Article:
Watching

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“See there?”

Marie squinted against glare. “The windmills?”

“No.”

David’s finger shook along with his head, and Marie felt the wheelchair’s handles vibrate. The sorrow hit her, unexpected as always. Most days now she managed to surf life without being blindsided, but it was harder to do in this place, his favorite, where everything reflected the losses. His. Hers.

“The bird,” David insisted, his reedy voice robotic with timed inhalation.

His inflection was one of the first things to go, and its absence had robbed away a part of David that she’d adored from the moment he had first looked at her, dewy-eyed from birth, and mewled a symphony of baffled indignation.

“Ah, yes, the bird on the poles! I see it now,” she filled the space with words to compensate for his worsening inability to speak in sentences.

“Watching,” David exhaled, satisfied.

For the end? Marie silenced her sigh.

 

 

 

For Crispina‘s Crimson’s Creative Challenge

Note: Dedicated to all parents and caregivers, and to all who are navigating the throws of progressive illness. May you find peace, and space to breathe in, and may you know moments of joy and an abundance of love through life’s difficult path.

 

The Present

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(Photo: Adam Nieścioruk on Unsplash)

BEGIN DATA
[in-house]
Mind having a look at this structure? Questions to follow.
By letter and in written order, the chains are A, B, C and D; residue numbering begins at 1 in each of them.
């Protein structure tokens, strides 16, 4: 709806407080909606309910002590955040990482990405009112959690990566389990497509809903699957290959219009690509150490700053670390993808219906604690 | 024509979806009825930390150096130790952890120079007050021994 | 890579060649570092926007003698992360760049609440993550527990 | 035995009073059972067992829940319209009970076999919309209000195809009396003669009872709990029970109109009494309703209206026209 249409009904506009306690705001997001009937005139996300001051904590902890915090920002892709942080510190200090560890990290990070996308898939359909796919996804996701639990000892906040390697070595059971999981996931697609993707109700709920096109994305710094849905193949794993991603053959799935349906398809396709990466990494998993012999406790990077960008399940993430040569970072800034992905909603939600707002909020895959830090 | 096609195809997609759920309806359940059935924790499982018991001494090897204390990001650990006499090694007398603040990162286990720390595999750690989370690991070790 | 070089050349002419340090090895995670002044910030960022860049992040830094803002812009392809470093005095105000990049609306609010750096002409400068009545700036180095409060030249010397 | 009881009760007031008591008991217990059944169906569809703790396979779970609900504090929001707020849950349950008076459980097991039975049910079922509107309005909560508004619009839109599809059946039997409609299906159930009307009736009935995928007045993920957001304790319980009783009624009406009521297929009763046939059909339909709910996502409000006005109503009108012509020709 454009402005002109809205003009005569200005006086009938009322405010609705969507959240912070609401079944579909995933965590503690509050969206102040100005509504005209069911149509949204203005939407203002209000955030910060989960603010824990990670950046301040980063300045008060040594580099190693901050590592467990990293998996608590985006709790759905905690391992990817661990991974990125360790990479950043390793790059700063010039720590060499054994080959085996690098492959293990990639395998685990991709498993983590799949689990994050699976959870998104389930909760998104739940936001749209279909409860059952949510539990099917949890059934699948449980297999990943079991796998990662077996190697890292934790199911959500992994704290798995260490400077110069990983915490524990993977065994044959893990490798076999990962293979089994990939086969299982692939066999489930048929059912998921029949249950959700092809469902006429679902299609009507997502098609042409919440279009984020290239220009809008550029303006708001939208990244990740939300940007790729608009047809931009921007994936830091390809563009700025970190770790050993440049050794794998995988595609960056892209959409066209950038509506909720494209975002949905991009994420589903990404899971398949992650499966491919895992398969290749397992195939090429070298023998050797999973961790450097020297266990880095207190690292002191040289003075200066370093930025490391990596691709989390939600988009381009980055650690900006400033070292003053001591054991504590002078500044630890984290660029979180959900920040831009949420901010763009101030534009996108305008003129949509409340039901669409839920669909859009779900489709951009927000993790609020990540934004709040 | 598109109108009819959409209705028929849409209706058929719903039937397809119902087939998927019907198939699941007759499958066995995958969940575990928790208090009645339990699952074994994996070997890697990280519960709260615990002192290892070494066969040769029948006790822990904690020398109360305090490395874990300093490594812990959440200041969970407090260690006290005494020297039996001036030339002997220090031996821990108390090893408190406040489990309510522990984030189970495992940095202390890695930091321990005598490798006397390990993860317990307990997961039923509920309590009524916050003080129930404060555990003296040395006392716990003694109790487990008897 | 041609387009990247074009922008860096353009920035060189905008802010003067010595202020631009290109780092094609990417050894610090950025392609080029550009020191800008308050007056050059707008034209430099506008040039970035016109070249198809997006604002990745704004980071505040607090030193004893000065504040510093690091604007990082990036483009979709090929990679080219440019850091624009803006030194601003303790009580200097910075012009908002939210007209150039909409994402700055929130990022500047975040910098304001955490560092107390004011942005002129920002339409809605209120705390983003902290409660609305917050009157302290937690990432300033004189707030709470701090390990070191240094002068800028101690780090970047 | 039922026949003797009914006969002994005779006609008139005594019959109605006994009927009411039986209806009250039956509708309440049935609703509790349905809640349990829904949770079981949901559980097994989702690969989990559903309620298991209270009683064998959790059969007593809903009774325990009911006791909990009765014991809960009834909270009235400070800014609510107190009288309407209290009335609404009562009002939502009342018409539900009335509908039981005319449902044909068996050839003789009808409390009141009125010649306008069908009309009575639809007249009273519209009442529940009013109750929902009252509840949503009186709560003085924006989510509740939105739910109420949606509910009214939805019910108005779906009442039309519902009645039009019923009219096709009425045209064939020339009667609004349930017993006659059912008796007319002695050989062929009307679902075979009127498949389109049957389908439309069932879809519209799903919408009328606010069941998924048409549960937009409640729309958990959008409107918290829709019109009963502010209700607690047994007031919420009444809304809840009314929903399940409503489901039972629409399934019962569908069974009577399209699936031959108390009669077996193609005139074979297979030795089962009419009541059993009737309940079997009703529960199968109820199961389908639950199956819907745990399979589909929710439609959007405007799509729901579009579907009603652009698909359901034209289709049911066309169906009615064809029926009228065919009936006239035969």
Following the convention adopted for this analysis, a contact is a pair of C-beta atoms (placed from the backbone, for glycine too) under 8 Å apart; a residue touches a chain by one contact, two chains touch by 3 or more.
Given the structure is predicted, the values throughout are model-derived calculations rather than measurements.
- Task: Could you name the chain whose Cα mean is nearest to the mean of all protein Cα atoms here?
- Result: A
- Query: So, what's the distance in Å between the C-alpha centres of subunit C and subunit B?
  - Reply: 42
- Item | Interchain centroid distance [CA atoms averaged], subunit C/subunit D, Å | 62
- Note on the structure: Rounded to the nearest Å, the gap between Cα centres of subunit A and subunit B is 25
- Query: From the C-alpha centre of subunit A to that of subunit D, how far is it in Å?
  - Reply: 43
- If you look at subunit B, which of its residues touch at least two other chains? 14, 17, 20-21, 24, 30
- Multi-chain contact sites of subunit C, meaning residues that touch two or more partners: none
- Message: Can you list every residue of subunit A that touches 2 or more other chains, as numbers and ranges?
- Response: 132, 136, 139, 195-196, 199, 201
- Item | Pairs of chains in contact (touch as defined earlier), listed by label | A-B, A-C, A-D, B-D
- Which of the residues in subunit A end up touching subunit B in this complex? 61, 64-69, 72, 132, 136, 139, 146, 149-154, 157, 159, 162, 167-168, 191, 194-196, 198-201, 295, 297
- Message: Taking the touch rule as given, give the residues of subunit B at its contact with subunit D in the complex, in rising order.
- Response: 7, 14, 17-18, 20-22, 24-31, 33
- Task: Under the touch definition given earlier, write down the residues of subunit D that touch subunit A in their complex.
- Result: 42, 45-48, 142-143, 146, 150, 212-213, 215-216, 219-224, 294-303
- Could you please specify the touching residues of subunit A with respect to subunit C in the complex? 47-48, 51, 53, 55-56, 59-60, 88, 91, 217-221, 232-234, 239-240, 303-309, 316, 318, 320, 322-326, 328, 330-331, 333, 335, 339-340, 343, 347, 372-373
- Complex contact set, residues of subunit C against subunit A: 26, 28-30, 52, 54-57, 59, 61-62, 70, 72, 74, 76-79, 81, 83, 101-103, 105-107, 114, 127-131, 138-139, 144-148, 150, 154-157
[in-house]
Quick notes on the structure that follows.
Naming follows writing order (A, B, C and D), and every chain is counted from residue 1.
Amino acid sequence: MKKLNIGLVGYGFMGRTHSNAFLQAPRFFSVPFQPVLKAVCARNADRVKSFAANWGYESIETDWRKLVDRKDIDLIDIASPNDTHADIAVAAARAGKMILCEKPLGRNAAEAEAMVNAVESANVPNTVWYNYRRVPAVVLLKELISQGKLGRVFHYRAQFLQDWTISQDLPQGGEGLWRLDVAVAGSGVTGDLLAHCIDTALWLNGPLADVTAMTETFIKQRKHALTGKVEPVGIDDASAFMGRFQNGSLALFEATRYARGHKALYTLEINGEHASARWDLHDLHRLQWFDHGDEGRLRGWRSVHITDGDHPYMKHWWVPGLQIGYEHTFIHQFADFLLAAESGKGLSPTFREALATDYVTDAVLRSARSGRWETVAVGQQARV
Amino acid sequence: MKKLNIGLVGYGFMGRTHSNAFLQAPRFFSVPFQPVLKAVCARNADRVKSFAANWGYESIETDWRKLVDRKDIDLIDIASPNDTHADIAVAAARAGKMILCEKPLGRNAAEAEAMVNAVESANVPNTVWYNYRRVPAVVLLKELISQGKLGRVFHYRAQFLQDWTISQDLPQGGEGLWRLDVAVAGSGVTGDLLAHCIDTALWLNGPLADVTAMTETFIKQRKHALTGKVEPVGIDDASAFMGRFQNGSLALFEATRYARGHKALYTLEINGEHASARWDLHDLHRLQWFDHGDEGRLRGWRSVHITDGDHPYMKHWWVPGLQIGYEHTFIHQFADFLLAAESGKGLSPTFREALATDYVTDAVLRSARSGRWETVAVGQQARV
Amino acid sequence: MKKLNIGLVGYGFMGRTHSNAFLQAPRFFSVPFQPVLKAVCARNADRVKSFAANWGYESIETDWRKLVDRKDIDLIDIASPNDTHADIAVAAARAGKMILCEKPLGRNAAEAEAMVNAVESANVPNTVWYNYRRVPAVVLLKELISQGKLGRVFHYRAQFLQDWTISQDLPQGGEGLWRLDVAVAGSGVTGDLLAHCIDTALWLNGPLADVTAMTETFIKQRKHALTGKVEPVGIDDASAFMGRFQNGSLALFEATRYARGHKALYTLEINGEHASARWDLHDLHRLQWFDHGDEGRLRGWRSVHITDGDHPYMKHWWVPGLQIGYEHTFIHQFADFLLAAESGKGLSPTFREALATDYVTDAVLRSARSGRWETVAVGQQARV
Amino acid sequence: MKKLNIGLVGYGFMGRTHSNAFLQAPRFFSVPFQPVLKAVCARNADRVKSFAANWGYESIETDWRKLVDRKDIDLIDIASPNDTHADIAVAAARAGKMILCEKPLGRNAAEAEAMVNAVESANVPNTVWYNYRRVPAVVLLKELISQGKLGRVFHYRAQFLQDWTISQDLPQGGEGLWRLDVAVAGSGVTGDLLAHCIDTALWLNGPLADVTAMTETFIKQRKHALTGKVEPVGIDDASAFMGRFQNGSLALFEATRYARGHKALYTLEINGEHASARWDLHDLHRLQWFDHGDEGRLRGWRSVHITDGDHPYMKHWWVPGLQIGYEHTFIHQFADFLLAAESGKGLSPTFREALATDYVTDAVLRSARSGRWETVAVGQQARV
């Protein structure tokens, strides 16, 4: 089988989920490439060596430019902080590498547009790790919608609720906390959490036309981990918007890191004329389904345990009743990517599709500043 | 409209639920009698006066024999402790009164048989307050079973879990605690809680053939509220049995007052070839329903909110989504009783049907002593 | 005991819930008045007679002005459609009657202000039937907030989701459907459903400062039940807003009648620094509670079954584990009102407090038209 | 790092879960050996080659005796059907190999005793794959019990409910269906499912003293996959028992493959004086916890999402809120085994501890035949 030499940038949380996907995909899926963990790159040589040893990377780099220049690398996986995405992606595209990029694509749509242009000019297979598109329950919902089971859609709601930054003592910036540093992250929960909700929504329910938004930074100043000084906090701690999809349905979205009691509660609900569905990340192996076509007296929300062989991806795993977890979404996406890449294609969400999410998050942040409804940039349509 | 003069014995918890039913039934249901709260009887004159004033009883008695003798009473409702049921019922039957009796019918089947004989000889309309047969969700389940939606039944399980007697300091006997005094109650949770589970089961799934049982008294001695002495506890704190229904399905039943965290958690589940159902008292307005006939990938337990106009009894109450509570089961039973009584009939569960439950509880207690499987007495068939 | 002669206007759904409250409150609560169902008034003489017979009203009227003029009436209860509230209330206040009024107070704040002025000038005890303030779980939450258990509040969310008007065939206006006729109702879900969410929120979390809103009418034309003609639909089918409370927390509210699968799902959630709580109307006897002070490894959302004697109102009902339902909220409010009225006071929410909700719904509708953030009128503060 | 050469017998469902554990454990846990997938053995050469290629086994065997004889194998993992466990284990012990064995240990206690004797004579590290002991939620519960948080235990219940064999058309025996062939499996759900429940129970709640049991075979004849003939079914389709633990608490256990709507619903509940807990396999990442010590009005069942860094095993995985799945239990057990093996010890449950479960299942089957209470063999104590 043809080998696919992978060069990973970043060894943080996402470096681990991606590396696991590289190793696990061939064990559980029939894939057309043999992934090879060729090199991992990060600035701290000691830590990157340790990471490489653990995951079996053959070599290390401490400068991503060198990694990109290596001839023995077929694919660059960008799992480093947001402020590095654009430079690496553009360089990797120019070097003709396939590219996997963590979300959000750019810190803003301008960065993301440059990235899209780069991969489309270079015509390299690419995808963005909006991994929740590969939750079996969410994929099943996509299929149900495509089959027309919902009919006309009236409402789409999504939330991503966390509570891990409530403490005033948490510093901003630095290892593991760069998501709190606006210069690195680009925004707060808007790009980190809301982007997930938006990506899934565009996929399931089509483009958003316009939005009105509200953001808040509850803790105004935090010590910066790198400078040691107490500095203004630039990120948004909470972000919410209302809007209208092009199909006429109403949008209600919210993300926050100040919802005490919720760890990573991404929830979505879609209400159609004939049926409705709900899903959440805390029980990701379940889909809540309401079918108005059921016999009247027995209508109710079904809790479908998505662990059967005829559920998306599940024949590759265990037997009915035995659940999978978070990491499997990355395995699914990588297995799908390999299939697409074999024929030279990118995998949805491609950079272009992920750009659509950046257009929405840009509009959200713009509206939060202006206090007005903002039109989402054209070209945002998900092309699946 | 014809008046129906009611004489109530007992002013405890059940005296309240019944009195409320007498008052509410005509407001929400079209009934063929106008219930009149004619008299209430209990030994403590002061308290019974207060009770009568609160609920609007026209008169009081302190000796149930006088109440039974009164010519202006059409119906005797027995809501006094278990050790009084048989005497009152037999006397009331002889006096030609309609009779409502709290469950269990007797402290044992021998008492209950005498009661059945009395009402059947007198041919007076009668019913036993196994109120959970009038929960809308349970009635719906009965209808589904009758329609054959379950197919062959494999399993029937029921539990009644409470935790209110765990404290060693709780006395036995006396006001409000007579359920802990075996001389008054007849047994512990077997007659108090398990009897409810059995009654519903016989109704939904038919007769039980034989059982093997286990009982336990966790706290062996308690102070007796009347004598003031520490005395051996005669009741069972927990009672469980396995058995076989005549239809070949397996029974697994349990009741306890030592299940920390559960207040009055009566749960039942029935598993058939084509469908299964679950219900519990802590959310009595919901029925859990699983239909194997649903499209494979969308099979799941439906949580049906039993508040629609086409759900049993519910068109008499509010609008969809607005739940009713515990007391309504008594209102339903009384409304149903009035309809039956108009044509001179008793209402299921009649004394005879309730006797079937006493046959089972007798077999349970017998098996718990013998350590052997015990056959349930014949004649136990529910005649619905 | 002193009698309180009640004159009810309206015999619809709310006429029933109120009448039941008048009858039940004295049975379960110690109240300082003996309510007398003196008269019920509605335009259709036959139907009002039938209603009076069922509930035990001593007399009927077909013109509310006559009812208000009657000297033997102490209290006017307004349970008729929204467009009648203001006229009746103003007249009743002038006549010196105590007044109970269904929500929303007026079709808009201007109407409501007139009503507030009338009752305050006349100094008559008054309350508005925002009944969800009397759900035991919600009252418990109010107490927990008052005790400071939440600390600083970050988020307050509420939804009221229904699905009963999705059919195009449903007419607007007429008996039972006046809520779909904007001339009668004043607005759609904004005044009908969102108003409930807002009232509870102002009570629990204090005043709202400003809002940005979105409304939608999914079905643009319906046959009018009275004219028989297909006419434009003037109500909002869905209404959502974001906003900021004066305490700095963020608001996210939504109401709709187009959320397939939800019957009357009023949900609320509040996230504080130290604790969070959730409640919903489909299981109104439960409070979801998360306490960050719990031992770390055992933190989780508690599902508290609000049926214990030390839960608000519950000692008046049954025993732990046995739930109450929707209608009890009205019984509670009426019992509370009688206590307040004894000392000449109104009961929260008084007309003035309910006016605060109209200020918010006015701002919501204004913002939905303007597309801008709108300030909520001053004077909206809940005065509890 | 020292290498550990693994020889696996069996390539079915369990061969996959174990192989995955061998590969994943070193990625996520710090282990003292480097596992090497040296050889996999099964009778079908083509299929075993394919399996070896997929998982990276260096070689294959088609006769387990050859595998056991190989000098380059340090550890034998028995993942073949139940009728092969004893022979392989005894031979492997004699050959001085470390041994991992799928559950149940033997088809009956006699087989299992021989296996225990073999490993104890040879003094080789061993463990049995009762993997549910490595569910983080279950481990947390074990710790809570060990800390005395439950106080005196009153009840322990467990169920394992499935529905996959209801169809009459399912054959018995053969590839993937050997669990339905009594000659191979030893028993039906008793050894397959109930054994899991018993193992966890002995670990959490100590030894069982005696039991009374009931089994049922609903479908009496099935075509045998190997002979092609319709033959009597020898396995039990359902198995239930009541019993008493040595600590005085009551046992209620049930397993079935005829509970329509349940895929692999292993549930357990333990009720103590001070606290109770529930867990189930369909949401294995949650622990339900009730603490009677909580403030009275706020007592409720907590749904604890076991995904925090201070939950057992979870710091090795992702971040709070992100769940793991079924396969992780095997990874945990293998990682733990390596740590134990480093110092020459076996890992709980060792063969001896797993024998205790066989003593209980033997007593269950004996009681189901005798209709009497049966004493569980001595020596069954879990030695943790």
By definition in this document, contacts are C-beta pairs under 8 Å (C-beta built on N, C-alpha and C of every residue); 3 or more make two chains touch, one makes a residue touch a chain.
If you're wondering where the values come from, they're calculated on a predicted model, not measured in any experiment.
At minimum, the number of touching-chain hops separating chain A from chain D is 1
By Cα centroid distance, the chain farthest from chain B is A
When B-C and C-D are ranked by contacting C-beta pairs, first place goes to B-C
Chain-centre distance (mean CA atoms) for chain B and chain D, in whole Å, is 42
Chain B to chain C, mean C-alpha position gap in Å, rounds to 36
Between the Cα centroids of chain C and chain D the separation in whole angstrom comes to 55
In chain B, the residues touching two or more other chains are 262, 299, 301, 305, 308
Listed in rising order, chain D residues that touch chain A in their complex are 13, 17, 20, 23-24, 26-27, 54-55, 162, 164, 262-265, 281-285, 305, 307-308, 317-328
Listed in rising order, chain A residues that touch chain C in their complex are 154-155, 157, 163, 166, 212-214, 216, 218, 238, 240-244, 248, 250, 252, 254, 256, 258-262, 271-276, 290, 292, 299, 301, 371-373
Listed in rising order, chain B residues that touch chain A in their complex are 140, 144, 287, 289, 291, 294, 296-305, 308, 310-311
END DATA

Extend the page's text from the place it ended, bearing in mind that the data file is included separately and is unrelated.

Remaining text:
She was shaking when I entered the room. Hands wringing, lips trembling, her eyes a shade of numb I had rarely seen.

Mary had called me. She had come to check on her and bring a midday repast. Mother being too proud to ask for help, even though her legs no longer held her sturdily or long enough to cook herself a decent meal.

Appearance and stoicism were Mother’s barometers of standing.

Socially and otherwise.

Not that you’d know it from her mascaraed cheeks.

She pointed to the antique book I had gifted her the previous evening. 

I understand, therefore I’ll live,” was scribbled in the cover. “R.B. 1941

Mother pressed a notepad on me. Scribbled on it were the same words. Same letters. An older hand.

“I forgot,” she whispered, caressing her initials. “But reading what I have just written, I now believe.”

 

 

Prompt quote: “Reading what I have just written, I now believe.” (Afterward by Louise Gluck)

For the dVerse prosery challenge

 

Windmills

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(Photo: CHUTTERSNAP on Unsplash)

 

So he shouts

At the wind

For blowing

To where he did not

Want it,

And demands

Others swear

There’s no wind

Because he’s so

Quixotic.

 

 

For Sammi’s Weekend Writing Prompt: Quixotic in 26 words

 

Compliance

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(Photo: Isaac Holmgren on Unsplash)

 

When all was said and done,

There was no question

Of whether or when

Or why,

She would be expected

To abide by all

The rules they had

Intended to

Apply.

The law was set.

The outcome clear.

She was to follow

And adhere.

 

 

For the dVerse quadrille poetry challenge: abide

 

Do Or Die

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(Photo: Brunno Tozzo on Unsplash)

 

There were no two ways about it. The situation was dire.

He pressed his weight onto the box to seal it.

Nailed it shut.

He stood back then to admire his handiwork.

A wall of boxes. Most of them no longer wiggling.

It was do or die.

And it wasn’t going to be him who did the dying.

 

 

 

For Sammi‘s Weekend Writing Prompt: Dire in 58 words